aid agency do to restrain that? Let me give you a practical example,

:15:32.:15:36.

women having torches so when they go to the toilet they are able to have

:15:37.:15:41.

light around them, that is important. When our experience both

:15:42.:15:46.

in refugee camps and outside them is those kinds of practical measures

:15:47.:15:50.

that give a bit of power to women, can make a difference. It is also

:15:51.:15:55.

extraordinary, even after a terrible act of sexual violence or other kind

:15:56.:16:00.

of violence, being able to address the trauma that women have suffered

:16:01.:16:07.

means that they might not be pregnant or becoming HIV-positive,

:16:08.:16:10.

but also they can rebuild their lives. Both on the prevention and

:16:11.:16:14.

treatment side. There is no easy answer, but you say what business is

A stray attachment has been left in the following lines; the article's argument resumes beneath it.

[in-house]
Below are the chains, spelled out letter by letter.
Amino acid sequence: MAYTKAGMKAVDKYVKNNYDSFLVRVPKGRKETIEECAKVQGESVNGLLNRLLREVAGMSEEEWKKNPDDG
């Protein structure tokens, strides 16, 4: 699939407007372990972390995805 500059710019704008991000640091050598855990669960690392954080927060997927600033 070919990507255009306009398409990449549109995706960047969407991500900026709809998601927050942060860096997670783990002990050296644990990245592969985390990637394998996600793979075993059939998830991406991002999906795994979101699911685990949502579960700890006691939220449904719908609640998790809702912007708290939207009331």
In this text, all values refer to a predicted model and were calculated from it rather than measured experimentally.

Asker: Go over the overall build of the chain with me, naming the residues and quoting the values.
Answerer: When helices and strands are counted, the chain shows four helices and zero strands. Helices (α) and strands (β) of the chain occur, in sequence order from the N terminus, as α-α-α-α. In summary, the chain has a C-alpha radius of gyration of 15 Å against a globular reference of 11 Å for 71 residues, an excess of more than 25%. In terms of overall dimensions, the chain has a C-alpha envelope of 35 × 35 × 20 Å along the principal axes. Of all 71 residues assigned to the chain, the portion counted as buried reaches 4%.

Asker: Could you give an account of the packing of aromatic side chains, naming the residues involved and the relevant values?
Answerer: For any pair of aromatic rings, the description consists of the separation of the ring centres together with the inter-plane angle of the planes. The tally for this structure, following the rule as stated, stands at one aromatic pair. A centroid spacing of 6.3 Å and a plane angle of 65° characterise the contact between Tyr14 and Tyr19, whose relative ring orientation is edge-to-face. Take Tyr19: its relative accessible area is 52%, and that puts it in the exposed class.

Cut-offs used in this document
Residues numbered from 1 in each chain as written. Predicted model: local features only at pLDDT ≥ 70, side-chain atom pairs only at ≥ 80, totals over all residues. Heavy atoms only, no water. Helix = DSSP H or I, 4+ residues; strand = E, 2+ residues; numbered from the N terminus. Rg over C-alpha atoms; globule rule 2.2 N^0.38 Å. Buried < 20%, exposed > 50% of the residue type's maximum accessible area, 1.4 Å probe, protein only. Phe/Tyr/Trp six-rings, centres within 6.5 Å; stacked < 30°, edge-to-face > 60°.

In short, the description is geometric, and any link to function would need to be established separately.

:16:15.:16:18.

it of aid agencies, the business is it is 52% of the population, they

:16:19.:16:21.

are extra exposed in emergencies and we can make a difference. But you

:16:22.:16:26.

have your work cut out there haven't you? The feeling when you see people

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dying in the Philippines or going hungry or suffering in Syria or

:16:31.:16:34.

wherever it is in the world, there is a natural fellow feeling, it is

:16:35.:16:39.

there but for the grace of good go I. Very few people can imagine

:16:40.:16:44.

perpetrating sexual violence in those circumstances? It is really

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hard to come to terms with the fact that protecting people from sexual

:16:50.:16:52.